Oldham County Schools strives to equip each student with the understandings, knowledge and skills to solve problems that teachers don’t even know are problems yet, using technologies that haven’t yet been invented. A new engineering academy for high school students is designed to develop the same skills and strategies that the district believes ensure student success — the district’s 21st Century Learning Outcomes.
The OCS Engineering Academy will be the district’s first step in the Next Generation High School initiative, which district officials believe will give students new and innovative ways to become successful participants in the global marketplace.
The OCS Engineering Academy will utilize the nationally-recognized Project Lead The Way curriculum. PLTW is the country’s leading provider of rigorous and innovative Science, Technology, Engineering, and Mathematics (STEM) education curricular programs used in elementary, middle, and high schools.
In the first year, the district plans to offer Project Lead The Way engineering classes to 48 ninth and tenth grade students as part of a half-day engineering academy. Students will be engaged through a PLTW introduction to engineering design course along with their required math course integrated with the PLTW principles and curriculum. Students will take part in their regular schedule for the remaining half of the day.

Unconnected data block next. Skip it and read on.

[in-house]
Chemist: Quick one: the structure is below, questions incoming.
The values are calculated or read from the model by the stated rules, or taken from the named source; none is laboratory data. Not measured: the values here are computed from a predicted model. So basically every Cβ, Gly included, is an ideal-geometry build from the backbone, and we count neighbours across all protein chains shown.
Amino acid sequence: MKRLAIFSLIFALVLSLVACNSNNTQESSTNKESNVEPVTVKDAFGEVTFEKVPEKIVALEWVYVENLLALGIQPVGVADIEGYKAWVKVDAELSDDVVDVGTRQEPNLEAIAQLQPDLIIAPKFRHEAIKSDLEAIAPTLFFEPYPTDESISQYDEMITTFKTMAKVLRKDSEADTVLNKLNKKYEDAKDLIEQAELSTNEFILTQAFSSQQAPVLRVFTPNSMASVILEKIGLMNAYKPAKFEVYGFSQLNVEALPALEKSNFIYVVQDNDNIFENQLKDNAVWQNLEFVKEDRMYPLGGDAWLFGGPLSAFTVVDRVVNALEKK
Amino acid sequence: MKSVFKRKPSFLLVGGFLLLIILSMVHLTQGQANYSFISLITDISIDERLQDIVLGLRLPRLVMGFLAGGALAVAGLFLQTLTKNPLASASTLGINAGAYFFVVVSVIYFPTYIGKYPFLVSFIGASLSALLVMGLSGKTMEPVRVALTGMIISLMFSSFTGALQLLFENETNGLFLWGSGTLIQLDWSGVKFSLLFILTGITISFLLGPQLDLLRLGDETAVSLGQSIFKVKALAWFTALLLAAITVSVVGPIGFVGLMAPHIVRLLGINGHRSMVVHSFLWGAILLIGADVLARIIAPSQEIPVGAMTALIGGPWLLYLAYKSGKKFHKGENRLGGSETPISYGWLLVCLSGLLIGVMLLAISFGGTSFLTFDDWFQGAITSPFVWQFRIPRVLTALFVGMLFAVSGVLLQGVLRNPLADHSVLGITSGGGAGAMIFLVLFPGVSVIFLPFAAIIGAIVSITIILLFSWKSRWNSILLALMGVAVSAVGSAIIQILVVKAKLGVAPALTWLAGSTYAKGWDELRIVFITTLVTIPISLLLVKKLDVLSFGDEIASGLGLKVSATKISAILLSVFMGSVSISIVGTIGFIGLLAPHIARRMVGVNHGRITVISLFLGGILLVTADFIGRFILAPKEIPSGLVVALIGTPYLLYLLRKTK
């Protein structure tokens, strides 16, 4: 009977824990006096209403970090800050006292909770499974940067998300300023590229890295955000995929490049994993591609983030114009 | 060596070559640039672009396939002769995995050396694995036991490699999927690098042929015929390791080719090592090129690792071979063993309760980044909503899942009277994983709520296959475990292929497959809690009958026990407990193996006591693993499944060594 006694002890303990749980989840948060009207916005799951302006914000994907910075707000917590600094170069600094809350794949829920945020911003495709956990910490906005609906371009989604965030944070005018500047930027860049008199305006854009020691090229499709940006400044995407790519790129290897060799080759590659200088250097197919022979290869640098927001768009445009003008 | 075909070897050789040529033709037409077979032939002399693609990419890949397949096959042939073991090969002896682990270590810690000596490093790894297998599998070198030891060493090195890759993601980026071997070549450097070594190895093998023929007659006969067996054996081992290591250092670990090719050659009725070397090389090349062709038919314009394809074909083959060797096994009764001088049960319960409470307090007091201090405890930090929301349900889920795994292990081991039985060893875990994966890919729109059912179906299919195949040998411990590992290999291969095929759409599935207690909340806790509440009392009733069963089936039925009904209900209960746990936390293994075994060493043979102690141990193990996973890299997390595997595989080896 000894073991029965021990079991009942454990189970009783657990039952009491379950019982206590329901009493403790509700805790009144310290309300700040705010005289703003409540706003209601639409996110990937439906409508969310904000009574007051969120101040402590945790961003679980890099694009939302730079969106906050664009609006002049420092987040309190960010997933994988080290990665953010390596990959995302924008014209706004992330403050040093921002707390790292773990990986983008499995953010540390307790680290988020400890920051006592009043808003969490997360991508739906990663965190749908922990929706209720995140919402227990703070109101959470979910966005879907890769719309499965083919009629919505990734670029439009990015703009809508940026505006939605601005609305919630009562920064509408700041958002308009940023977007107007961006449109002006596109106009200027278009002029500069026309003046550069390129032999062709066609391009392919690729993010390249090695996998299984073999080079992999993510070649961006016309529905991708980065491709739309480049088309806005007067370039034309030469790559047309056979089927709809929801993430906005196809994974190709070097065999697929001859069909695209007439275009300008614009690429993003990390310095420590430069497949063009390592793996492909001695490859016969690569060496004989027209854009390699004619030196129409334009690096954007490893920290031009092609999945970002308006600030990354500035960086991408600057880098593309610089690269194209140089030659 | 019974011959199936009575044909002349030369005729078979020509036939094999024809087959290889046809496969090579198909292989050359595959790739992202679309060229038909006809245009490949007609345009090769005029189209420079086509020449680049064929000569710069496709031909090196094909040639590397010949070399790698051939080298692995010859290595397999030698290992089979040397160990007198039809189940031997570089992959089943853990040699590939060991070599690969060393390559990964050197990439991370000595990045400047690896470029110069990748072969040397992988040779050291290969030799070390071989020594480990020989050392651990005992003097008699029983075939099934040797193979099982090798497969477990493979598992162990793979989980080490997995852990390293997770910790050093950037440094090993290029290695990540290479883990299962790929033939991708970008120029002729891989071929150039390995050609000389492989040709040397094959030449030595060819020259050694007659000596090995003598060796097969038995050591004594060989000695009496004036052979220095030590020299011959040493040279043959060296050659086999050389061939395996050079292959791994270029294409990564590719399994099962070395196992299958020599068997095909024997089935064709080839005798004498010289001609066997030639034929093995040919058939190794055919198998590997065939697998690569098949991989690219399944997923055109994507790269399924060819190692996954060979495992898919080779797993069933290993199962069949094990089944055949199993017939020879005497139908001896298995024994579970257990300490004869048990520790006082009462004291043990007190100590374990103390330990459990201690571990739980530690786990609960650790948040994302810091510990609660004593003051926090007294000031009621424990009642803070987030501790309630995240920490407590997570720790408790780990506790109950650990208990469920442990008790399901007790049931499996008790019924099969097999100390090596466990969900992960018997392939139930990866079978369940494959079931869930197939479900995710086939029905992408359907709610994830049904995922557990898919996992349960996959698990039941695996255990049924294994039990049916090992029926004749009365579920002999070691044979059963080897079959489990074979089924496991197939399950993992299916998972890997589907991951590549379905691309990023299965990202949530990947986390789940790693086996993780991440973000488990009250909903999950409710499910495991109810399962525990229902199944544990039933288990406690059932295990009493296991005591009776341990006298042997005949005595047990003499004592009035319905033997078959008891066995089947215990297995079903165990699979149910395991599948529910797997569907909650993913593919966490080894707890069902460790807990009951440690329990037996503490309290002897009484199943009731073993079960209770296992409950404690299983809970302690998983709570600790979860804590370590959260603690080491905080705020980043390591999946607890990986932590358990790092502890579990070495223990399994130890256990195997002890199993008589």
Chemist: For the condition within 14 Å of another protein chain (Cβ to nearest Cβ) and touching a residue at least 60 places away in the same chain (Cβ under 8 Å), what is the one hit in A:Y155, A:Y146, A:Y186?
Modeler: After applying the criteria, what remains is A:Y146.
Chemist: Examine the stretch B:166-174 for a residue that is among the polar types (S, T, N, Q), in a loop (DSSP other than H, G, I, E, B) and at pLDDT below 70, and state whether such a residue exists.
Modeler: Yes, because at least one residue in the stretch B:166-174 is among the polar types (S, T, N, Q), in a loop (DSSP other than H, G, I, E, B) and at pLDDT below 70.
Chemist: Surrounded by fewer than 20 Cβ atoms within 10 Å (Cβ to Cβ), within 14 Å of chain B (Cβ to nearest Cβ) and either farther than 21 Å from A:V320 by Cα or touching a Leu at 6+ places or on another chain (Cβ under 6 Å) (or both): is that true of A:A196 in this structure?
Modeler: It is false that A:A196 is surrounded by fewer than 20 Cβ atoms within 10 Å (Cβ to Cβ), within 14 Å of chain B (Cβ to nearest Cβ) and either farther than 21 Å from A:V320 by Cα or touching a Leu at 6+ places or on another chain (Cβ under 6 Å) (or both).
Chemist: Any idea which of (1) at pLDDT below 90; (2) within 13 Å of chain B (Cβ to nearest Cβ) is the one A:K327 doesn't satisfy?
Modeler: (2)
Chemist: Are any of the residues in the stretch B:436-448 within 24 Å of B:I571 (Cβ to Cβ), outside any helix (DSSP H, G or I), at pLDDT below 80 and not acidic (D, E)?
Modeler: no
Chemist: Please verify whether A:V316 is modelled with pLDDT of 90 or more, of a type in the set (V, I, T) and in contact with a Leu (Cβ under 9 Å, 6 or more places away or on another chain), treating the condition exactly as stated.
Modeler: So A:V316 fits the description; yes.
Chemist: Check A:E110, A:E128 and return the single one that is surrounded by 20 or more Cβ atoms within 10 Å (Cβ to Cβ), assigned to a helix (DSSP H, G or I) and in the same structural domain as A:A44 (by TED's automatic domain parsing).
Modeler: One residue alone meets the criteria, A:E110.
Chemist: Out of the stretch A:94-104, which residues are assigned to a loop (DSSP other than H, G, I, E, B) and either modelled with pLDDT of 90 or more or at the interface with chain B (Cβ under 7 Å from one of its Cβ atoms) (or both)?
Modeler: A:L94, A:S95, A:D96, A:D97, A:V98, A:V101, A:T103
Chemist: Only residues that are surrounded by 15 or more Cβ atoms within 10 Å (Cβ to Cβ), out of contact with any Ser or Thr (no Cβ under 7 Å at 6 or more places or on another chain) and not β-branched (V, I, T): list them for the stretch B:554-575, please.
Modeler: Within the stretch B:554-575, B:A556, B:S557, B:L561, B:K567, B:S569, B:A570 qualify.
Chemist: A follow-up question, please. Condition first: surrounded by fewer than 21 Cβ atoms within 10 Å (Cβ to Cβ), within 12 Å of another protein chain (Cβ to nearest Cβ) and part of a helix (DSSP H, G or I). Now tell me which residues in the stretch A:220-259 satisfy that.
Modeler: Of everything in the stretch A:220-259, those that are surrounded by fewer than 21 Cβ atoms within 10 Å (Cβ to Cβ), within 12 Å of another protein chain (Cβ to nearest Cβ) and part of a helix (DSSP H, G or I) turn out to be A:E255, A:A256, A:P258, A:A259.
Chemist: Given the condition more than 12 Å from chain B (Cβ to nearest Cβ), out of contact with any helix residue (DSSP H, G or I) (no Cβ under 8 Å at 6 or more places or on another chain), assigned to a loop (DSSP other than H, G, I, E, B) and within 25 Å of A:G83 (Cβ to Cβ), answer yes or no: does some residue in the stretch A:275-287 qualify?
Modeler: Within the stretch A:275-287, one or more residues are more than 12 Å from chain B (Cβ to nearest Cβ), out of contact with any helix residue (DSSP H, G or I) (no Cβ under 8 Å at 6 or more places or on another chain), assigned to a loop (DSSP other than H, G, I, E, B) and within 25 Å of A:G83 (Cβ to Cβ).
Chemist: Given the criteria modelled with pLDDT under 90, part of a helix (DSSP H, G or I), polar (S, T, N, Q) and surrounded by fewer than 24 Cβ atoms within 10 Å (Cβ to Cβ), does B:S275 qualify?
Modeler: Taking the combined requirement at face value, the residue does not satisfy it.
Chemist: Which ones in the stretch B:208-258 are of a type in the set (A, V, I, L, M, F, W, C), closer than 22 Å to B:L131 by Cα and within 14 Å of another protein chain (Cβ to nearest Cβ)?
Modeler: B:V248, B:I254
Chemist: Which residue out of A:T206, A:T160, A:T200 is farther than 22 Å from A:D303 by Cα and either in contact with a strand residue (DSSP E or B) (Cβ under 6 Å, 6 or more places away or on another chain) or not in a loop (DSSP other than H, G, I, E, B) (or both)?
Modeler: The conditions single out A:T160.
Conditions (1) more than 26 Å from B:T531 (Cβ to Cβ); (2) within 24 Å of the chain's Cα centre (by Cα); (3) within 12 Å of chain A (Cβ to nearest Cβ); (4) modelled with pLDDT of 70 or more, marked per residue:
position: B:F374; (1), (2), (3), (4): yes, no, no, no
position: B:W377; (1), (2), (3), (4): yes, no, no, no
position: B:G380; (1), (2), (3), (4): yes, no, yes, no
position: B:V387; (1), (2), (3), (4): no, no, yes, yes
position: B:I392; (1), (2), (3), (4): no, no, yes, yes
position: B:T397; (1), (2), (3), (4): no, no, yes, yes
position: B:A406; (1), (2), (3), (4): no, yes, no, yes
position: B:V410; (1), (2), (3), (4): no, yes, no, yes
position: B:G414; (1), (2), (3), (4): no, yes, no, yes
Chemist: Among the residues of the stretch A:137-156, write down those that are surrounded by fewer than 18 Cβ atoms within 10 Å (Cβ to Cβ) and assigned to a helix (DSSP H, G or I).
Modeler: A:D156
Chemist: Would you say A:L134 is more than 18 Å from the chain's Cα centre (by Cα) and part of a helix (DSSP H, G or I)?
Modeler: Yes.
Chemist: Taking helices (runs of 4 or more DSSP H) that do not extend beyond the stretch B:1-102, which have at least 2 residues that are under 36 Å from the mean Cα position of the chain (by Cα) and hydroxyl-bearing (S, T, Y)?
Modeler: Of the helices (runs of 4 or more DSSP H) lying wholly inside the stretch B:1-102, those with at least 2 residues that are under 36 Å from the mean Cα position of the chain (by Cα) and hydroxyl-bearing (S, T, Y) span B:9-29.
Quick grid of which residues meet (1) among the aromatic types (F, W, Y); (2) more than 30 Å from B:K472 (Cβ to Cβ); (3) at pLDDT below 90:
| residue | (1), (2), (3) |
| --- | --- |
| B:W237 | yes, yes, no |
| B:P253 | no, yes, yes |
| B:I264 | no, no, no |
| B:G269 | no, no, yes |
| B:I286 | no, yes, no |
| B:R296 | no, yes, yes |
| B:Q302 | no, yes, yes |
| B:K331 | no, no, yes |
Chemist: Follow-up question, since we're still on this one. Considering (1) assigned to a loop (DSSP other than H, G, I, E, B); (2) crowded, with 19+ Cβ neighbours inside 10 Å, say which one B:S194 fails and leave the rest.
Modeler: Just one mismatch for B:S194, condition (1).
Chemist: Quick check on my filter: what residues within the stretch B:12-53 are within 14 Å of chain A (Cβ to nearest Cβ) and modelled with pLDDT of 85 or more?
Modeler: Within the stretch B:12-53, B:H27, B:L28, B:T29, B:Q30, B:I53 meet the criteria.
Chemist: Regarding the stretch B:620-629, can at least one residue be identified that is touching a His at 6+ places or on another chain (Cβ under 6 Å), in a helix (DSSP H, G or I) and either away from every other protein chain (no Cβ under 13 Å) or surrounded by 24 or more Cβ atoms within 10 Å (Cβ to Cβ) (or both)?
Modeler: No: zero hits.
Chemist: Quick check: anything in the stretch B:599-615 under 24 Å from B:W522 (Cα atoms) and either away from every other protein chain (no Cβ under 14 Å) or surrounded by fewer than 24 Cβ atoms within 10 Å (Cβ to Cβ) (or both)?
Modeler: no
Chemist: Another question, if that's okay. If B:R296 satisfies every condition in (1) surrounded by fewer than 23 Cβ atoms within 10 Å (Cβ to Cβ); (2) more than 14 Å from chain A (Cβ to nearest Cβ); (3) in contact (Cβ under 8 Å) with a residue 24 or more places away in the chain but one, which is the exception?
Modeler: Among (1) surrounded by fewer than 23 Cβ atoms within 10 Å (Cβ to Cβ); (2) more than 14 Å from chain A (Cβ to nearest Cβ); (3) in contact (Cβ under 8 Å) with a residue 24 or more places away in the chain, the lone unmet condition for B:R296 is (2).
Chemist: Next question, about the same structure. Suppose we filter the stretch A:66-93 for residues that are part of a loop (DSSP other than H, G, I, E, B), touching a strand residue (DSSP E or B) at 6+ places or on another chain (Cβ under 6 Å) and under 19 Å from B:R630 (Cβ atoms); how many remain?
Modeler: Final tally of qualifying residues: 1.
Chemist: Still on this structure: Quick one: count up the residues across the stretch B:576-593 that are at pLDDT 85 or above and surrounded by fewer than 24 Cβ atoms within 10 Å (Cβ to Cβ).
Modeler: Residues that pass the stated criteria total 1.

“We are excited to offer this opportunity to our students,” said Superintendent Will Wells. “The curriculum aligns well with our 21st Century Learning Outcomes and new state science standards.”
Wells said student interest is high — participation in robotics clubs continues to grow, as does enrollment in an engineering course at North Oldham High. The Engineering Academy will expand the district’s offerings, providing an opportunity for students from all three high schools.
But, Wells said, this is just the beginning.
The district formed a Next Generation High School workgroup in 2013 to assess what sectors will see job growth locally and give input on what programs will help prepare students for those sectors. Workgroup members are also a key part of developing partnerships with businesses and organizations that can provide funding to support these programs.
“This workgroup encompasses everything that is great about Oldham County,” Wells said. “It includes representatives from local businesses, government, colleges and universities, and others who are interested in the future of our students.”
Wells said the group’s focus on funding is key — education finance continues to be an important topic at local, state and national levels, he said, and continual outside funding is the best way to ensure Next Generation High School programs will launch and be successful.
The academy open to students who are currently in the 8th or 9th grade. Interested students should contact their high school guidance counselor or email
Community members interested in supporting the Engineering Academy or other Next Generation High School programs — or those who are interested in joining the workgroup — can contact Tracy Harris, Director of Communications.
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